Legislative Assembly for the ACT: 2006 Week 10 Hansard (17 October) . . Page.. 3149..
MS MacDONALD: Mr Speaker, my question is to Ms Gallagher in her capacity as the Minister for Health. Minister, last week was mental health week. Could you update the Assembly on the activities that occurred in the ACT to celebrate good mental health and the work the government is doing in this area?
MS GALLAGHER: I thank Ms MacDonald for the question. As members would know, mental health is a critical area of the health portfolio and it has received a great deal of attention both locally and nationally, particularly over the past year or so. Mr Speaker, one in five Australians will experience a mental illness at some stage of their life. We know from recent research that depression is the leading cause of work force disability and loss of work productivity. We also know that, alongside cancer and heart disease, depression is one of the most significant disease burdens facing our community. We also know that, unlike those who are sick with cancer or heart disease, 60 per cent of people who have a mental illness do not necessarily seek the appropriate services or support for assistance for that illness.
Mental health week, which is held annually across Australia, aims to raise community awareness of the importance of mental health and the services and support available. I think members would be aware of a lot of the activities that occurred across the ACT last week. This year's theme in the ACT was to signify the importance of looking after our own mental health as well as our own physical wellbeing; of taking time out to do some exercise; of making healthy food choices; of taking some time out to be with family and friends; and also of being aware of all of the support services that are available in the ACT.
Last week, along with Mr Smyth from the opposition, I opened mental health week at St Mary's in the Anglican parish centre in Calwell. The winners of this year's mental health awards were announced at this function. On Tuesday in the ACT we celebrated world mental health day with, for the first time, the mental showcase series. I attended this fantastic event. For an entire day everyone who works in mental health-government and non-government-had the opportunity to stand up in front of others and let them know what services they ran. This covered a whole range of services in the non-government area, community health, acute mental health services and forensic mental health services. It offered the opportunity for people who work in the area to get a full understanding of the range of programs that are on offer.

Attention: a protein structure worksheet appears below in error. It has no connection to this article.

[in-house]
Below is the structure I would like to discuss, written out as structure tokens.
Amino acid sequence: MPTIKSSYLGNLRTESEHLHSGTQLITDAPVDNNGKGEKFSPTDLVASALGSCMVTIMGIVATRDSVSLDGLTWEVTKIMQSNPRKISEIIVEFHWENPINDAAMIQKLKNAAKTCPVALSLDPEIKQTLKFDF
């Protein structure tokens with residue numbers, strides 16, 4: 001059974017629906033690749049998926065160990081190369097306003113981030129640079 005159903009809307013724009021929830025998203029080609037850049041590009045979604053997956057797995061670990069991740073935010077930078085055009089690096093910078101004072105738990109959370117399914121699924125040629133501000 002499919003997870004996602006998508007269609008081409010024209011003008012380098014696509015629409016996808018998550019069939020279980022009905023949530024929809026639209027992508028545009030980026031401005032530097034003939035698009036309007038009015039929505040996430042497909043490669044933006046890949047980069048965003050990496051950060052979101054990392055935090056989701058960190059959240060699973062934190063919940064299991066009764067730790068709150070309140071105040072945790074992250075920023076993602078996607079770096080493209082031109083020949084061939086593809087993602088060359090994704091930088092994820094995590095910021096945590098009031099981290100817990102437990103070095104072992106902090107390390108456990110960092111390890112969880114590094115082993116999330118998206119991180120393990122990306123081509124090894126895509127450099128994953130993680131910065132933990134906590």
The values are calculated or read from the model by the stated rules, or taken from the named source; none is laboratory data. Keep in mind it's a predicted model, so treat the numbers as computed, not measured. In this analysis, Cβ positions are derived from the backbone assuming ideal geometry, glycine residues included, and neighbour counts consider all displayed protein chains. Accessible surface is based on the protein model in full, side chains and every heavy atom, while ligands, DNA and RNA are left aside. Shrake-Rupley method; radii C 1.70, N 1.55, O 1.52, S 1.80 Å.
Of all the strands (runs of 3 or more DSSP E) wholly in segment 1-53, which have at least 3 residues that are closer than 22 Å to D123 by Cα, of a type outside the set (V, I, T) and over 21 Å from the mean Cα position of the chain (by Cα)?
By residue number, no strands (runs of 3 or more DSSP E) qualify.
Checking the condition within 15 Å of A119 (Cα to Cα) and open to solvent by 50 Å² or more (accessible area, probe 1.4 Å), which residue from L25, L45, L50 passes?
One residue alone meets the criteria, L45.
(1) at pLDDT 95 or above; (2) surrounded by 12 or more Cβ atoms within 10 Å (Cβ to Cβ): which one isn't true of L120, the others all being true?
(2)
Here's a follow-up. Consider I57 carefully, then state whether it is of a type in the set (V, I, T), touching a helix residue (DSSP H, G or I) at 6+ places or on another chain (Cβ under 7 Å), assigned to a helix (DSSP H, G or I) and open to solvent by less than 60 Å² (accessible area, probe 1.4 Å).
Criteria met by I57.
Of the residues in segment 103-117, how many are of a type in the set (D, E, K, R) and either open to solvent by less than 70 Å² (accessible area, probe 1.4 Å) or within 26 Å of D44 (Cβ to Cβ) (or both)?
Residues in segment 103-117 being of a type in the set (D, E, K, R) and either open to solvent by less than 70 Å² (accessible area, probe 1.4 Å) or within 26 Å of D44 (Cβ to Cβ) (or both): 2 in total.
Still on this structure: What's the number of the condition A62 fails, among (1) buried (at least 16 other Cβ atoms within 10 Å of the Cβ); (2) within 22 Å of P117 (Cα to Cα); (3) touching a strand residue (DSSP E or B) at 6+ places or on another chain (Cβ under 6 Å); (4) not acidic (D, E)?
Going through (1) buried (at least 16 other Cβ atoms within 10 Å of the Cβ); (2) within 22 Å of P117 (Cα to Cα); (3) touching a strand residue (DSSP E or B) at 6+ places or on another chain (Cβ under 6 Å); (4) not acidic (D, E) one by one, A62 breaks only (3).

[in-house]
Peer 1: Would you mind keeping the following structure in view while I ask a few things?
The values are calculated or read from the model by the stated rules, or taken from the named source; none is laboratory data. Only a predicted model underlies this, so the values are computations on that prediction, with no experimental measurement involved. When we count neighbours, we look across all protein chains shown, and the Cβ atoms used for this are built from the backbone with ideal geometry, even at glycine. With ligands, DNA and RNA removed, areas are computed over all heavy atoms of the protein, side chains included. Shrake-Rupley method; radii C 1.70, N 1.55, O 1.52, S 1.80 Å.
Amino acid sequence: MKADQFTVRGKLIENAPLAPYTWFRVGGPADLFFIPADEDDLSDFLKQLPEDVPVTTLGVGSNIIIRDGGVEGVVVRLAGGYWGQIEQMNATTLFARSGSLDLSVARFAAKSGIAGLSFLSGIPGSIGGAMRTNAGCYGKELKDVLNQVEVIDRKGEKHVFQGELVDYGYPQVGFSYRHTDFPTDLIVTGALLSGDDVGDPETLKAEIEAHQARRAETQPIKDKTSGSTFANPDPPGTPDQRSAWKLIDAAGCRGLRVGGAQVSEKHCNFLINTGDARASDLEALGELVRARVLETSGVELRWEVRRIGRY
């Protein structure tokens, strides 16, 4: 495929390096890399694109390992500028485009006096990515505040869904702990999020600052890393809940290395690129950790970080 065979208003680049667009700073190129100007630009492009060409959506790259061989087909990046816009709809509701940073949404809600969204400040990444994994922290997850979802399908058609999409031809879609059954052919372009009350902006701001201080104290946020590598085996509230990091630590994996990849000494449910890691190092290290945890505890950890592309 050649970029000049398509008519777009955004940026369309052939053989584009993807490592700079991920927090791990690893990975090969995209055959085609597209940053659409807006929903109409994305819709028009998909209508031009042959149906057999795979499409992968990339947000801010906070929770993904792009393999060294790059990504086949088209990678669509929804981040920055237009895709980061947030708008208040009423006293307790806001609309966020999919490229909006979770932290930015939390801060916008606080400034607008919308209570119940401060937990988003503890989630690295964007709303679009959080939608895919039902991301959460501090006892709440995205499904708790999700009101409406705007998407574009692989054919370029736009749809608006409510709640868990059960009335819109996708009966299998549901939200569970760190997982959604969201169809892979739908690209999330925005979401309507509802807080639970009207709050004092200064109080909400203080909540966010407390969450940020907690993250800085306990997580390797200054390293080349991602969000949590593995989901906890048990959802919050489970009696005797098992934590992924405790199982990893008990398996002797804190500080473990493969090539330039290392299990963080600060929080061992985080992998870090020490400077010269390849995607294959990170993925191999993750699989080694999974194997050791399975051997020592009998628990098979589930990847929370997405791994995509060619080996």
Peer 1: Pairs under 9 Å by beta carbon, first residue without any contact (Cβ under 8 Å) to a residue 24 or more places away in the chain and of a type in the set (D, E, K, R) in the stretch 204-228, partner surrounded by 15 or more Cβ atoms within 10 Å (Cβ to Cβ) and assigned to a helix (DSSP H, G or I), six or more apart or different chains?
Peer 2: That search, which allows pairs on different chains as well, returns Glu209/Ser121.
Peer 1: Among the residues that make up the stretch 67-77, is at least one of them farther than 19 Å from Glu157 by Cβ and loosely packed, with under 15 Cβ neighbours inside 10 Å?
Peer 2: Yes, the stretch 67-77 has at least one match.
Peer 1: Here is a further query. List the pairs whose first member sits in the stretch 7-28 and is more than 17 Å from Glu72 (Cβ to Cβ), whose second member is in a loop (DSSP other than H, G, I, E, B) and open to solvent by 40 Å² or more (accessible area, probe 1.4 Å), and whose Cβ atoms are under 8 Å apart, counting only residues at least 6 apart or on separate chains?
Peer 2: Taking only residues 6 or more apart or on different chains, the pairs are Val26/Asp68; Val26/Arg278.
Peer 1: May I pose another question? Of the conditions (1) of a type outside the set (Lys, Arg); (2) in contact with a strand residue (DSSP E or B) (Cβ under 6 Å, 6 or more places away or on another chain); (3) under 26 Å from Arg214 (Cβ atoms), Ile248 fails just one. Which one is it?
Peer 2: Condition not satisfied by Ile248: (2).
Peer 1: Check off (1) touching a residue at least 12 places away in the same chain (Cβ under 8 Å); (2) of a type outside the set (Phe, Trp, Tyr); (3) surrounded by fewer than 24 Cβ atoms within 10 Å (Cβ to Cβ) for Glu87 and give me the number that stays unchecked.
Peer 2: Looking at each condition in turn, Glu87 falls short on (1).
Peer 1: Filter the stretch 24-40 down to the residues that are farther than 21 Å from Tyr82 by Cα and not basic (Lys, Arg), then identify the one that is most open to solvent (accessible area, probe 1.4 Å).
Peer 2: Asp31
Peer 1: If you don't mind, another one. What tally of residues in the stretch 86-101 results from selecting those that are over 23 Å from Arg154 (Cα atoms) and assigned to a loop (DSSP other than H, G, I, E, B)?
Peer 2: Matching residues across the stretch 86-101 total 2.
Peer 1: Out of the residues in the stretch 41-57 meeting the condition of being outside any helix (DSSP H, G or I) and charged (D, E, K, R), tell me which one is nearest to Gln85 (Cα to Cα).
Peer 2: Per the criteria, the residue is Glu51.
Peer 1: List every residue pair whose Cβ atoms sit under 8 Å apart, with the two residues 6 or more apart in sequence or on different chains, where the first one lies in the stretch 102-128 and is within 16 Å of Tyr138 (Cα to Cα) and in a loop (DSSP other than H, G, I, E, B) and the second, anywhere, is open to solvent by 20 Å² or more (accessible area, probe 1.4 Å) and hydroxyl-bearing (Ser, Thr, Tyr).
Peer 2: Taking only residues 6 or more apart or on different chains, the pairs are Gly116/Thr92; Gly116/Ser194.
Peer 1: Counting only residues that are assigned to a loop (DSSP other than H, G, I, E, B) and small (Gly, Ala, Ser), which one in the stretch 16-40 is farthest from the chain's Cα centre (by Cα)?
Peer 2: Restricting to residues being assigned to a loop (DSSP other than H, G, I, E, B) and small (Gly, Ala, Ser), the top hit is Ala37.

This is important because we often hear the criticism that people are so busy offering their own services that they do not have time to be aware of what else is going on and what other opportunities exist. Some of the programs shown through the showcase were the children of parents with a mental illness project, the better general health for people with mental illness project, the new older persons mental health inpatient unit, collaborative therapy, and the consumer and carer participation project.
Since 2001, mental health has been made a key priority area of the government. We have virtually doubled the spending on mental health, going from around $27 million in 2001 to $52 million in this year's budget. We are focusing our energy this year on prevention,